How to learn a foreign language?

Andorra (Pyrenees): A country that provides everyone an opportunity to learn

To learn a foreign language fluently is really only possible when you are in a country where you can communicate daily with native speakers.

All other methods are just to understand what is being said and to learn grammar. To speak the language fluently is quite another thing.

And you don’t need to be limited to just one language – there are countries in the world whose residents speak two (or sometimes three) languages. One of these countries is Andorra: Andorrans speak Catalan language (the official language of the country), Spanish (because of the southern neighborhood of Spain) and French (because of the northern neighborhood of France).

All three languages are completely different; however, many foreigners often confuse words in Spanish and Catalan, so this language mix has its own name – Spatalan. Some also say that Catalan is more like French in terms of the structure of the words, but not in the pronunciation!

For Andorrans, however, there is no confusion. They speak Catalan, Spanish and French from birth, because Andorra is the only country in the world where three educational systems are simultaneously presented: Andorran (with the main Catalan language), Spanish and French. Additionally, in each system, the study of two additional foreign languages is the norm. Usually, students at any school in Andorra begin to speak three languages fluently at the age of eight, even if they are not natives.

All three systems are public and free for citizens and residents of Andorra, a unique model of education. In no other country in the world is there anything like this. The French and Spanish education systems depend on the Education Ministries of France and Spain, respectively. The government of Andorra has very good relations with both ministries.

At present, there is a balance in the country: each system is used by about one-third of the total number of students in the country, without any kind of delegation taking place.

Portuguese is also quite popular in Andorra, and many residents speak it fluently. The fourth largest diaspora in Andorra is the Portuguese (the first, in terms of the number of diasporas in Andorra, are the Spaniards; the second Andorran and the third the French). At the University of Andorra, Portuguese is studied in some courses.

English is also introduced in the official school curriculum. The number of English-speaking residents in the country increases every year, as does the number of English classes in all three school systems. The University of Andorra also launched a system of teaching in English in 2016.

The Minister of Education of Andorra, Eric Jover, says: “In order to achieve good results, it is necessary to build a certain linguistic structure – a solid and consolidated structure that can be used to study additional languages. Our vision is to teach languages not as foreign languages, but as additional languages used in Andorra – for international communication, both in everyday life and in business communication.”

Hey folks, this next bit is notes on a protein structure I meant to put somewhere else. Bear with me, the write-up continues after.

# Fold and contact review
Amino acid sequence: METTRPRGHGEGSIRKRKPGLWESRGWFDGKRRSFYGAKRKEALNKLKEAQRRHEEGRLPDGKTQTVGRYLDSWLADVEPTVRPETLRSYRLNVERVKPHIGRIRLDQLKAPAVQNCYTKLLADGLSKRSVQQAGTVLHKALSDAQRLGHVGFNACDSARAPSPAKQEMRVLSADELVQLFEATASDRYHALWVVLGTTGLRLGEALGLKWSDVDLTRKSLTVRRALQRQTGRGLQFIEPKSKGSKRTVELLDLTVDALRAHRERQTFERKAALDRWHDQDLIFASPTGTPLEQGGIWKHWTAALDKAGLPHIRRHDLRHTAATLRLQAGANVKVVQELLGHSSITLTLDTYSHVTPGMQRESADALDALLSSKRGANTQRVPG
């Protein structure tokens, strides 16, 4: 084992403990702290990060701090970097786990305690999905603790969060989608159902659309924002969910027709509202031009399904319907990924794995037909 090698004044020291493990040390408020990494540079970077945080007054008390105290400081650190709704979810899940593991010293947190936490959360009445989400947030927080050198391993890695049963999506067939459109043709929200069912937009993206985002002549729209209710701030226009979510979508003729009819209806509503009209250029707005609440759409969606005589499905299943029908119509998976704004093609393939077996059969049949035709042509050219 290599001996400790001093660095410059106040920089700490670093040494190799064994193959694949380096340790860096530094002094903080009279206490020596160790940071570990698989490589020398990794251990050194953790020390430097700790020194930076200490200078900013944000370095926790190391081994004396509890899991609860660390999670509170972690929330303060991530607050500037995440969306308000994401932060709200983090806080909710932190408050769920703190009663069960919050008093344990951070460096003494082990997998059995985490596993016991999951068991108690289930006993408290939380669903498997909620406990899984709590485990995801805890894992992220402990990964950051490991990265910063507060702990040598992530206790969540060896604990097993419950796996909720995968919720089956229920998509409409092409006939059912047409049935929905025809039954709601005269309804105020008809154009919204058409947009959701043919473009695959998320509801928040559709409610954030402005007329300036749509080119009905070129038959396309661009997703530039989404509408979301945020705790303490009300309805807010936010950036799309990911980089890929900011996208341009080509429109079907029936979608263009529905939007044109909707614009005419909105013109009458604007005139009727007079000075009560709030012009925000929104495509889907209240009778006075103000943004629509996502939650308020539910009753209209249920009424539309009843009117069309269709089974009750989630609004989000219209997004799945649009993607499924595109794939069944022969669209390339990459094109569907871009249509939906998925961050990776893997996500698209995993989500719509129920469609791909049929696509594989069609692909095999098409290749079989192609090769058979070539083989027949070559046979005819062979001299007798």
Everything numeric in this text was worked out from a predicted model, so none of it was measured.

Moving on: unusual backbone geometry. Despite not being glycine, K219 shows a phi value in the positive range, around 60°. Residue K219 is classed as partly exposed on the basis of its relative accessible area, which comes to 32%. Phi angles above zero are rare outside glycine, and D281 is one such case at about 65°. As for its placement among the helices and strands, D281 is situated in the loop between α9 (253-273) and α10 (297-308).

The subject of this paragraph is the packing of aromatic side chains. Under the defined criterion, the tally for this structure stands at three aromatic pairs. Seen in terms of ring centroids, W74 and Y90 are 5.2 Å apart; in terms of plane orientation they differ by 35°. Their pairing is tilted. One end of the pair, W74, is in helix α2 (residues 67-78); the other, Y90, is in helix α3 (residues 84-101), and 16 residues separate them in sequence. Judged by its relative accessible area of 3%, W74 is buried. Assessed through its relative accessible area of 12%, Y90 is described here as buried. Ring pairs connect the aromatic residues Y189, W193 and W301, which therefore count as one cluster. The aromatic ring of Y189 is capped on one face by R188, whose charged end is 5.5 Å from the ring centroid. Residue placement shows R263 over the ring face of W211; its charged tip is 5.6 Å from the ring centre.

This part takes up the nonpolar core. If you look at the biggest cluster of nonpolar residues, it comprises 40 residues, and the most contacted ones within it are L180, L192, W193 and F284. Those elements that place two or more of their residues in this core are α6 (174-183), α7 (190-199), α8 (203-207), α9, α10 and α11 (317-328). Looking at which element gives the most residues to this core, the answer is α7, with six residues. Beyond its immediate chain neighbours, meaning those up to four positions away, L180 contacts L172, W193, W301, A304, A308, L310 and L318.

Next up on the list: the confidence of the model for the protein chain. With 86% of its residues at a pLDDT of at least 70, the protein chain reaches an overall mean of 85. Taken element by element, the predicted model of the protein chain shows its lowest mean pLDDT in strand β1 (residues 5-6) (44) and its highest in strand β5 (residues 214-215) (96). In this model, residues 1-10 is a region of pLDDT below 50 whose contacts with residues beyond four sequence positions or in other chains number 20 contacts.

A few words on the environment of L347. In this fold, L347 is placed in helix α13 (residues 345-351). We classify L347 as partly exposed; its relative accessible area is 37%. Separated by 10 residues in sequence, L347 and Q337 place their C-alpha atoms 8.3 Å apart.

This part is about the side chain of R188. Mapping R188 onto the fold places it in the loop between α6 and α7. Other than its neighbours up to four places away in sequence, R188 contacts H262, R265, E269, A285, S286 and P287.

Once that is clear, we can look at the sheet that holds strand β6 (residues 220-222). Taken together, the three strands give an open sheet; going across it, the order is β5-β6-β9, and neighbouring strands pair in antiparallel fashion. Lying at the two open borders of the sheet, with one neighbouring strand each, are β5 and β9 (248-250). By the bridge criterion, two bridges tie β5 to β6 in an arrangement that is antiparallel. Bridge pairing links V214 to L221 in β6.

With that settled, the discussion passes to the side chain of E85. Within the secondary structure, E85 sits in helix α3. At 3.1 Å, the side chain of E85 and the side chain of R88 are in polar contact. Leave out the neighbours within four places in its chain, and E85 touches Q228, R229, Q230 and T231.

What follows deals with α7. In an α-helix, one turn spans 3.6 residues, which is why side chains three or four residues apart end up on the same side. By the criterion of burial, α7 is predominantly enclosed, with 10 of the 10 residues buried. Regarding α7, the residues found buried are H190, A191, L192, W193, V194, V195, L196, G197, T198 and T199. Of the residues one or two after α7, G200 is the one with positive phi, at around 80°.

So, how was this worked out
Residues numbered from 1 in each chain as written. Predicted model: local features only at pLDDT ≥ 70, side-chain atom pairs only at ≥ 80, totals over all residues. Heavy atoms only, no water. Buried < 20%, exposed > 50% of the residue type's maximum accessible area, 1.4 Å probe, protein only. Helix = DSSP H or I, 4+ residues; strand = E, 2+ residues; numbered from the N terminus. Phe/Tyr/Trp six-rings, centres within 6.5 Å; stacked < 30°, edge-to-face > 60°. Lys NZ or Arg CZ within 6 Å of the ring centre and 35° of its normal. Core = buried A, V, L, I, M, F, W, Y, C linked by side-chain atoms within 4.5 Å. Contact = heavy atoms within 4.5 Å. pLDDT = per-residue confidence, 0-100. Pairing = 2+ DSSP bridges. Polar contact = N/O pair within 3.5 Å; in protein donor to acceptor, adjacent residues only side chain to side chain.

According to Jover, the Government of Andorra is doing everything to ensure that students fluently speak at least four languages upon graduation, plus the child’s mother tongue language if their family was originally a speaker of some other language.

As for the English language, the Andorran government has a program with Oxford and the U.S. government (under the Fulbright program), which allows students of these schools to come to Andorra and help Andorran students learn English. Several subjects at the University of Andorra are taught in English, confirming the intention of the principality to develop English.

It is also important that the state encourages foreigners (residents and non-residents) living in Andorra to study these languages; to a greater extent, this concerns the Catalan language. In each of the seven Andorran administrative districts, there is a center for studying the Catalan language for adults for free. There, you can take both group classes or private lessons, and by choosing an intensive course, you should be able to reach an A2 level (base level for talking about simple topics).

In general, Europe’s classification of the levels of language knowledge looks like this: A1, A2, B1, B2, C1 and C2 (B2 level is enough to get a job or go to university, where they teach in this language ).

The centers for studying Catalan are open five days a week, so, if you wish, you can always contact the staff for advice or assistance. There is also a unique option for individually studying Catalan by communicating with a native speaking in a cafe or while walking. Each willing student is assigned a native speaker – the employee of the linguistic center – a convenient time is chosen and communication on everyday topics serves as an excellent “feeding” for expanding the vocabulary.

As for the French language, in Andorra, there is Comte de Foix Lyceum, where adults can attend two free evening courses (1.5 hours each). The only drawback is that groups are always full (maximum 30 people), so you need to be prepared that, most of the time, you will still have to do a lot of work yourself. But there are a lot of pluses; the main one is becoming acquainted with new, interesting people, traditions and features of other countries cultures.

As for the Spanish language, there are no free courses in Andorra, but to learn it fairly simply and independently, people can practice with daily communication – Spaniards in Andorra form an overwhelming majority of the country. So, in response to a greeting of “Bon Dia!” in the Catalan, you often hear the traditional Spanish “Buenos Dias!”

See also 3 systems of primary education in Andorra

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